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Sheppard v. Maxwell

Citation. 22 Ill.384 U.S. 333, 6 Ohio Misc. 231, 86 S. Ct. 1507, 16 L. Ed. 2d 600, 1 Med. L. Rptr. 1220 (1966)
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Brief Fact Summary.

An individual was accused of killing his pregnant wife. The media coverage during the trial was overwhelming, to the point of being prejudicial to the defendant.

Synopsis of Rule of Law.

“[W]here there is a reasonable likelihood that prejudicial news prior to trial will prevent a fair trial, the judge should continue the case until the threat abates, or transfer it to another county not so permeated with publicity.”

Facts. On “the day of Marilyn Sheppard’s funeral, a newspaper story appeared in which Assistant County Attorney Mahon – later the chief prosecutor of [the Petitioner] – sharply criticized the refusal of the Sheppard family to permit his immediate questioning. From there on headline stories repeatedly stressed [the Petitioner’s] lack of cooperation with the police and other officials.” Various other stories were published detailing the Petitioner’s lack of cooperation.

“Under the headline ‘Testify Now In Death, Bay Doctor Is Ordered,’ one story described a visit by Coroner Gerber and four police officers to the hospital on July 8. When [the Petitioner] insisted that his lawyer be present, the Coroner wrote out a subpoena and served it on him. [The Petitioner] then agreed to submit to questioning without counsel and the subpoena was torn up. The officers questioned him for several hours. On July 9, [the Petitioner], at the request of the Coroner, re-enacted the tragedy at his home before the Coroner, police officers, and a group of newsmen, who apparently were invited by the Coroner. The home was locked so that [the Petitioner] was obliged to wait outside until the Coroner arrived. [the Petitioner’s] performance was reported in detail by the news media along with photographs.”

“Front-page newspaper headlines announced on the same day that ‘Doctor Balks At Lie Test; Retells Story.’ A column opposite that story contained an ‘exclusive’ interview with [the Petitioner] headlined: ‘Loved My Wife, She Loved Me, Sheppard Tells News Reporter.’ ” The next day, another headline story disclosed that [the Petitioner] had ‘again late yesterday refused to take a lie detector test’ and quoted an Assistant County Attorney as saying that “at the end of a nine-hour questioning of [the Petitioner], I felt he was now ruling [a test] out completely.” But subsequent newspaper articles reported that the Coroner was still pushing [the Petitioner] for a lie detector test. More stories appeared when [the Petitioner] would not allow authorities to inject him with ‘truth serum.’ ”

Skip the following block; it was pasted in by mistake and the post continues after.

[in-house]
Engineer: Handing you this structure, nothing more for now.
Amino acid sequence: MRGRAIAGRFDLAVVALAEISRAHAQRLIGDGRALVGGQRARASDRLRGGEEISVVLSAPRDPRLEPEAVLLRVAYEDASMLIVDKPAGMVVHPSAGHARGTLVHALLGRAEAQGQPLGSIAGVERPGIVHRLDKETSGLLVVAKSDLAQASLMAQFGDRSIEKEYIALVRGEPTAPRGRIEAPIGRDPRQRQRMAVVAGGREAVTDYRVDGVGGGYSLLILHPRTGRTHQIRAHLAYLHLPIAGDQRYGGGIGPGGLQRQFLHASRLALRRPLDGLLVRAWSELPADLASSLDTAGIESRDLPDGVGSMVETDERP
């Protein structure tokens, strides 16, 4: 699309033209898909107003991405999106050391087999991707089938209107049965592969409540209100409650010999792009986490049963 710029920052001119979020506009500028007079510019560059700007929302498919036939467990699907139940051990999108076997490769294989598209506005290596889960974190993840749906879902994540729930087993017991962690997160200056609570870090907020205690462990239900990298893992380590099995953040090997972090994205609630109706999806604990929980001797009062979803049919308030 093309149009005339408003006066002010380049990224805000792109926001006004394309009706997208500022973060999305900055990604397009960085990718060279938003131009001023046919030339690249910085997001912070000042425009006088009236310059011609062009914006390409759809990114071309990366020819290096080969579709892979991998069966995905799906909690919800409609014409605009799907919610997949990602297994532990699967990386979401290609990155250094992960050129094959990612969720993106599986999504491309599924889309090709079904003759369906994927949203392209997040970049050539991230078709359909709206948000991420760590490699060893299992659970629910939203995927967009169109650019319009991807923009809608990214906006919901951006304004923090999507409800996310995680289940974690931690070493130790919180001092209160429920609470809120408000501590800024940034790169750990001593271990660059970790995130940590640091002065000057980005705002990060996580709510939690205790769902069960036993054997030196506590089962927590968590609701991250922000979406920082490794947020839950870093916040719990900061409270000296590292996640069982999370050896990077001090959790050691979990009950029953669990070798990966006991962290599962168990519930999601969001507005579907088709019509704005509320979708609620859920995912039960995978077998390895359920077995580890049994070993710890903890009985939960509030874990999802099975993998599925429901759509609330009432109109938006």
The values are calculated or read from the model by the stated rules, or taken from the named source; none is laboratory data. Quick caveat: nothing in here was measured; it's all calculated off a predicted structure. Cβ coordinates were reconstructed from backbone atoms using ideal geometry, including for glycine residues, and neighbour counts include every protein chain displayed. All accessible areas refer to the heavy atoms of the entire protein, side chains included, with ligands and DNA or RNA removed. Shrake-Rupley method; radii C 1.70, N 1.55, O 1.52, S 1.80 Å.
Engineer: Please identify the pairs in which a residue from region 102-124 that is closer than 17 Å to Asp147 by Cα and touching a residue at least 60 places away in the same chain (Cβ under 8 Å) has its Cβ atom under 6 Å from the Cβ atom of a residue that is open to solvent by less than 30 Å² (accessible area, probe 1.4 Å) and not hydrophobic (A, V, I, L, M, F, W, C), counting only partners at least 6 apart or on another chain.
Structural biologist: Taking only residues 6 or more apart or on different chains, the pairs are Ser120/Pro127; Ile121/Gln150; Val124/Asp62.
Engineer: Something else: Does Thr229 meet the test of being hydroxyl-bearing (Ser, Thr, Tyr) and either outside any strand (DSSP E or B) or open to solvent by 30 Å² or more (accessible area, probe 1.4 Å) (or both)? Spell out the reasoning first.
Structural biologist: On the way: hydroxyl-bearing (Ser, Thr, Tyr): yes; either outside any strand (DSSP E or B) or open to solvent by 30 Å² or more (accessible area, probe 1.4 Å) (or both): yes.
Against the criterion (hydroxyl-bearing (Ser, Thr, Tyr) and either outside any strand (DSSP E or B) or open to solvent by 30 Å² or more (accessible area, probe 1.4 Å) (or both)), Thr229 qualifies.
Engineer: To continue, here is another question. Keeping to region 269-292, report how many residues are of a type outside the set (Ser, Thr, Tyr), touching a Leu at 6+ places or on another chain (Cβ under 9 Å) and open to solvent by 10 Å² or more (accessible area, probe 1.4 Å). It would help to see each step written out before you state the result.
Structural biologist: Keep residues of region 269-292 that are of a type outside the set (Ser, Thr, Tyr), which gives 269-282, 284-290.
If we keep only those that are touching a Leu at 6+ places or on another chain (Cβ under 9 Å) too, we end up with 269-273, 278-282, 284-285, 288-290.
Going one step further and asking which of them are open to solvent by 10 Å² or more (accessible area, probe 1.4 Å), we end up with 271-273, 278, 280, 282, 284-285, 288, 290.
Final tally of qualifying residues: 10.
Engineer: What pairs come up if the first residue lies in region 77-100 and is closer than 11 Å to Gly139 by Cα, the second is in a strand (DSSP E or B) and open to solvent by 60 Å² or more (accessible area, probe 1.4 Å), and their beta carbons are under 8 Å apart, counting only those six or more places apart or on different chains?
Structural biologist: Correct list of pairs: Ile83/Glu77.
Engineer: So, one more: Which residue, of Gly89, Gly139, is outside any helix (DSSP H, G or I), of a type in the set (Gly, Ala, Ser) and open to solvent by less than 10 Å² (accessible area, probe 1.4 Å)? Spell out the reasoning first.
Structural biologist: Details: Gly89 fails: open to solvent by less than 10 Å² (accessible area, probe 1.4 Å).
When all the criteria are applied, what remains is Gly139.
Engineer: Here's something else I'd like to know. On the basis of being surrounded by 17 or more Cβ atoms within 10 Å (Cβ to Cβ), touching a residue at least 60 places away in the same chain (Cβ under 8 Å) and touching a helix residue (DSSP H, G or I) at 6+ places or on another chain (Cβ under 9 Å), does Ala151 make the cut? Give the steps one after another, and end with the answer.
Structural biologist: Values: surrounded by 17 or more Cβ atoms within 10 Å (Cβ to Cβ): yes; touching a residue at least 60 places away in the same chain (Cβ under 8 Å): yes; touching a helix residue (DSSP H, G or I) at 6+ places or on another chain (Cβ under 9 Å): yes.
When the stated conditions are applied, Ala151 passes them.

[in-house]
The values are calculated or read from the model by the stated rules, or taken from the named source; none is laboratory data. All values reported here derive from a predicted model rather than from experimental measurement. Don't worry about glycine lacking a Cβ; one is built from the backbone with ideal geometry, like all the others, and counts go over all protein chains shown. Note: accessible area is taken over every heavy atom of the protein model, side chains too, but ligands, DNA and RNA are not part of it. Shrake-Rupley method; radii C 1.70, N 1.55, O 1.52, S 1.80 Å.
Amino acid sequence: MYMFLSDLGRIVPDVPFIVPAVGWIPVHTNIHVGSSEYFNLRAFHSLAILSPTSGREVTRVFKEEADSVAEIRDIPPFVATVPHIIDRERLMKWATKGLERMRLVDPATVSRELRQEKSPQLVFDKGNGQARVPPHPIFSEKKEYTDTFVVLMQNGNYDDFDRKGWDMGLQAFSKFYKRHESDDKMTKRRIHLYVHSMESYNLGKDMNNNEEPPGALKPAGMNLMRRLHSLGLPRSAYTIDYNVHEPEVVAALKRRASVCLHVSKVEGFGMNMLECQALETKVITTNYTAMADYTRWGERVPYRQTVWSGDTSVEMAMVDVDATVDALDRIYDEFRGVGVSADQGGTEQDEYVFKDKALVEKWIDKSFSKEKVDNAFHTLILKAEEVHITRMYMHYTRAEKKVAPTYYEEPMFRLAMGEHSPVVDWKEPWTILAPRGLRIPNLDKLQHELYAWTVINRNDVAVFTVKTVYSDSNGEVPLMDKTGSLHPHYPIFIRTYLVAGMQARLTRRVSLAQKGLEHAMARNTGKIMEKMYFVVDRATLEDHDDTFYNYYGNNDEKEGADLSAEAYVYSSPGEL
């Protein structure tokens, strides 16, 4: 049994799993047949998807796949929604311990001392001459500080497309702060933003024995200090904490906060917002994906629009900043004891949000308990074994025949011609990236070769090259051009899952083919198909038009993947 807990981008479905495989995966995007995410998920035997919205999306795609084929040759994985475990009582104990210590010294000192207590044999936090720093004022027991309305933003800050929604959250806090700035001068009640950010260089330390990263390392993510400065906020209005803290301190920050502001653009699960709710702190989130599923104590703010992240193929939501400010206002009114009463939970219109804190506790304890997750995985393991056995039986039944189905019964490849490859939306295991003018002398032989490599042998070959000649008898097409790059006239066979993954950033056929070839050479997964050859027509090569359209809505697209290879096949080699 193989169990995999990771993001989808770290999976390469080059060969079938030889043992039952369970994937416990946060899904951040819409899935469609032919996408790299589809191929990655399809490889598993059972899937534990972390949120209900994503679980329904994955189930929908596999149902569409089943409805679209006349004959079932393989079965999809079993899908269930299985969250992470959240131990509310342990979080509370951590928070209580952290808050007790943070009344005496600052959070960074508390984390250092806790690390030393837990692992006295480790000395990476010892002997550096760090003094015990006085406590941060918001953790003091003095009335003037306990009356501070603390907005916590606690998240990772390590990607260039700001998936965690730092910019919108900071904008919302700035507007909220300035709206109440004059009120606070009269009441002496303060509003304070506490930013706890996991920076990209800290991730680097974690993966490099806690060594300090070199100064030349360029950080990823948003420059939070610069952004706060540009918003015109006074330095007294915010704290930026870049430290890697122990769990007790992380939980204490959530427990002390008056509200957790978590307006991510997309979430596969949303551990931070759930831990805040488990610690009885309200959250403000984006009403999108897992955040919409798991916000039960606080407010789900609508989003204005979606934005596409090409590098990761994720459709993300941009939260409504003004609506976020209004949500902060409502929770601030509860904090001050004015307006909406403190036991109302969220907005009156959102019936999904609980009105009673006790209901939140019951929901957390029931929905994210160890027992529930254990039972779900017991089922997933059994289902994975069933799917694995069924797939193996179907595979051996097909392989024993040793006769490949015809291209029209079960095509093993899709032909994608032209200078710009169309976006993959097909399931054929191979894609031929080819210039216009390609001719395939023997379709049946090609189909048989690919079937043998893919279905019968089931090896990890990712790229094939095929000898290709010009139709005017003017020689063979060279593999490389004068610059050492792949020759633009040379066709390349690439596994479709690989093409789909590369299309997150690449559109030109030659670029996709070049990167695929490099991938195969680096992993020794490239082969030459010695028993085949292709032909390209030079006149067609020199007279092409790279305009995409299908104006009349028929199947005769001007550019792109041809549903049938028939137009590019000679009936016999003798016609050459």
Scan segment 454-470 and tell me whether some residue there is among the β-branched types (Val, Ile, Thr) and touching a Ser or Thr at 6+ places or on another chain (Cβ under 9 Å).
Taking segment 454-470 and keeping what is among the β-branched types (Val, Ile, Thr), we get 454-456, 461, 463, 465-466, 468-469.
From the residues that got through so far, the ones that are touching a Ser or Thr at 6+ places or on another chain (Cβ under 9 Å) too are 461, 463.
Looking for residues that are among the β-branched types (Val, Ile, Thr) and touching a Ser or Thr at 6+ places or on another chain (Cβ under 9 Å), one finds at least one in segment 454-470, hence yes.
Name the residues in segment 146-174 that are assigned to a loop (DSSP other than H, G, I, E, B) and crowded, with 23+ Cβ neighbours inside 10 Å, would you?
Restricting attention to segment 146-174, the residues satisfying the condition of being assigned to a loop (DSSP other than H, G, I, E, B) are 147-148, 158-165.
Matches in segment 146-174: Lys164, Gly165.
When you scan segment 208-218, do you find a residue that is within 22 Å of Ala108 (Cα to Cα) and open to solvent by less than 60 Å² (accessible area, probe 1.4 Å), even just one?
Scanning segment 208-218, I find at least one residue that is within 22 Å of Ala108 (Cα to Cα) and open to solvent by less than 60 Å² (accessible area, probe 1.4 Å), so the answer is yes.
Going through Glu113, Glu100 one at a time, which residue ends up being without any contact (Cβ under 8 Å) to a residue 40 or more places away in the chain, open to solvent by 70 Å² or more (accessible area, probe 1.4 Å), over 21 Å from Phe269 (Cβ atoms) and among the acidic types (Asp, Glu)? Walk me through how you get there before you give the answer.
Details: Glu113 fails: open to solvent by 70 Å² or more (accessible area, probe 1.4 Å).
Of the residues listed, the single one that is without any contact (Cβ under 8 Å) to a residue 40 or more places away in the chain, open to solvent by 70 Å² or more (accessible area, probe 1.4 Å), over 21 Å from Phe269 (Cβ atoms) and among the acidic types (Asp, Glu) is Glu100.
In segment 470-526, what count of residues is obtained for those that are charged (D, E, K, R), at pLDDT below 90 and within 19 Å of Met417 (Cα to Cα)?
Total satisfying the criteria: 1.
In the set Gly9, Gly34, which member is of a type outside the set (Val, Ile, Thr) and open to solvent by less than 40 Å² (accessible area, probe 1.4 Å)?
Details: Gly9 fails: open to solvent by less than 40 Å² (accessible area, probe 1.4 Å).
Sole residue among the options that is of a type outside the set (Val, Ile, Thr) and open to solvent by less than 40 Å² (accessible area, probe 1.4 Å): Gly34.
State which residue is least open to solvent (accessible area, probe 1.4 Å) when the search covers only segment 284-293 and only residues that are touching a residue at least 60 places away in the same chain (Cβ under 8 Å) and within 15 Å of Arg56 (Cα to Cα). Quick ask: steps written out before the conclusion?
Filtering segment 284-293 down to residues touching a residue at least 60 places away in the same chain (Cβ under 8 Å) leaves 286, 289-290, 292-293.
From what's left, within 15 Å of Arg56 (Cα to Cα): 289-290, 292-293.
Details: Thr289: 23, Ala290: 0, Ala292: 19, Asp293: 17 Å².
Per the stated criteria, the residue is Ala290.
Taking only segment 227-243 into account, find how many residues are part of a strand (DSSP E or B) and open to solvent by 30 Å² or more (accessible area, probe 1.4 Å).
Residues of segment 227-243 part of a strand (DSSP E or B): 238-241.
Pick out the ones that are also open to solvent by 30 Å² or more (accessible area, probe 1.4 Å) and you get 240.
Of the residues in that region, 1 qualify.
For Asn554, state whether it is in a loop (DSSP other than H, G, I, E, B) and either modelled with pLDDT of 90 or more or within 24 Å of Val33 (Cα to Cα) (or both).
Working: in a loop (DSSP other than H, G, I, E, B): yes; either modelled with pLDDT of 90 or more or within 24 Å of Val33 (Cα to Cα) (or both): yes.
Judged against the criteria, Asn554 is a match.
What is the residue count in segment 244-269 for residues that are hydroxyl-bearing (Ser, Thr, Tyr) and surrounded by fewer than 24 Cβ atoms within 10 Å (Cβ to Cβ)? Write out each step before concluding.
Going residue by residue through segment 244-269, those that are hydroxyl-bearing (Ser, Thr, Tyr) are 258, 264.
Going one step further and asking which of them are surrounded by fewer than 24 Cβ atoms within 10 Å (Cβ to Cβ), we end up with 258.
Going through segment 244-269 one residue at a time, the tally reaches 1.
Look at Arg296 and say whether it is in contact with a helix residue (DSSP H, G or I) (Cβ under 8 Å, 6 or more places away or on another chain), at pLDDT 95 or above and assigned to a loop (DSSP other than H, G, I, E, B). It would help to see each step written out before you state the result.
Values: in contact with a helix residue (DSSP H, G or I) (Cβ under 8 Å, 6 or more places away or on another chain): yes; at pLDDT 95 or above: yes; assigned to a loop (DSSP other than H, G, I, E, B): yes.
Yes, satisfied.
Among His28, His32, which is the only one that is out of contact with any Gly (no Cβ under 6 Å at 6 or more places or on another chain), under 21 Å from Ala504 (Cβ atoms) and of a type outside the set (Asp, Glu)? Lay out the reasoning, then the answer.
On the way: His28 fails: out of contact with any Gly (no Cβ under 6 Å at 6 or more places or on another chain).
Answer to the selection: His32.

“On the 20th, the ‘editorial artillery’ opened fire with a front-page charge that somebody is ‘getting away with murder.’ The editorial attributed the ineptness of the investigation to ‘friendships, relationships, hired lawyers, a husband who ought to have been subjected instantly to the same third-degree to which any other person under similar circumstances is subjected . . . .’ The following day, July 21, another page-one editorial was headed: ‘Why No Inquest? Do It Now, Dr. Gerber.’ The Coroner called an inquest the same day and subpoenaed [the Petitioner].”
“[The inquest] was staged the next day in a school gymnasium; the Coroner presided with the County Prosecutor as his advisor and two detectives as bailiffs. In the front of the room was a long table occupied by reporters, television and radio personnel, and broadcasting equipment. The hearing was broadcast with live microphones placed at the Coroner’s seat and the witness stand. A swarm of reporters and photographers attended. [The Petitioner] was brought into the room by police who searched him in full view of several hundred spectators. [The Petitioner’s] counsel were present during the three-day inquest but were not permitted to participate. When [the Petitioner’s] chief counsel attempted to place some documents in the record, he was forcibly ejected from the room by the Coroner, who received cheers, hugs, and kisses from ladies in the audience. [The Petitioner] was questioned for five and one-half hours about his actions on the night of the murder, his married life, and a love affair with Susan Hayes. At the end of the hearing the Coroner announced that he ‘could’ order [the Petitioner] held for the grand jury, but did not do so.”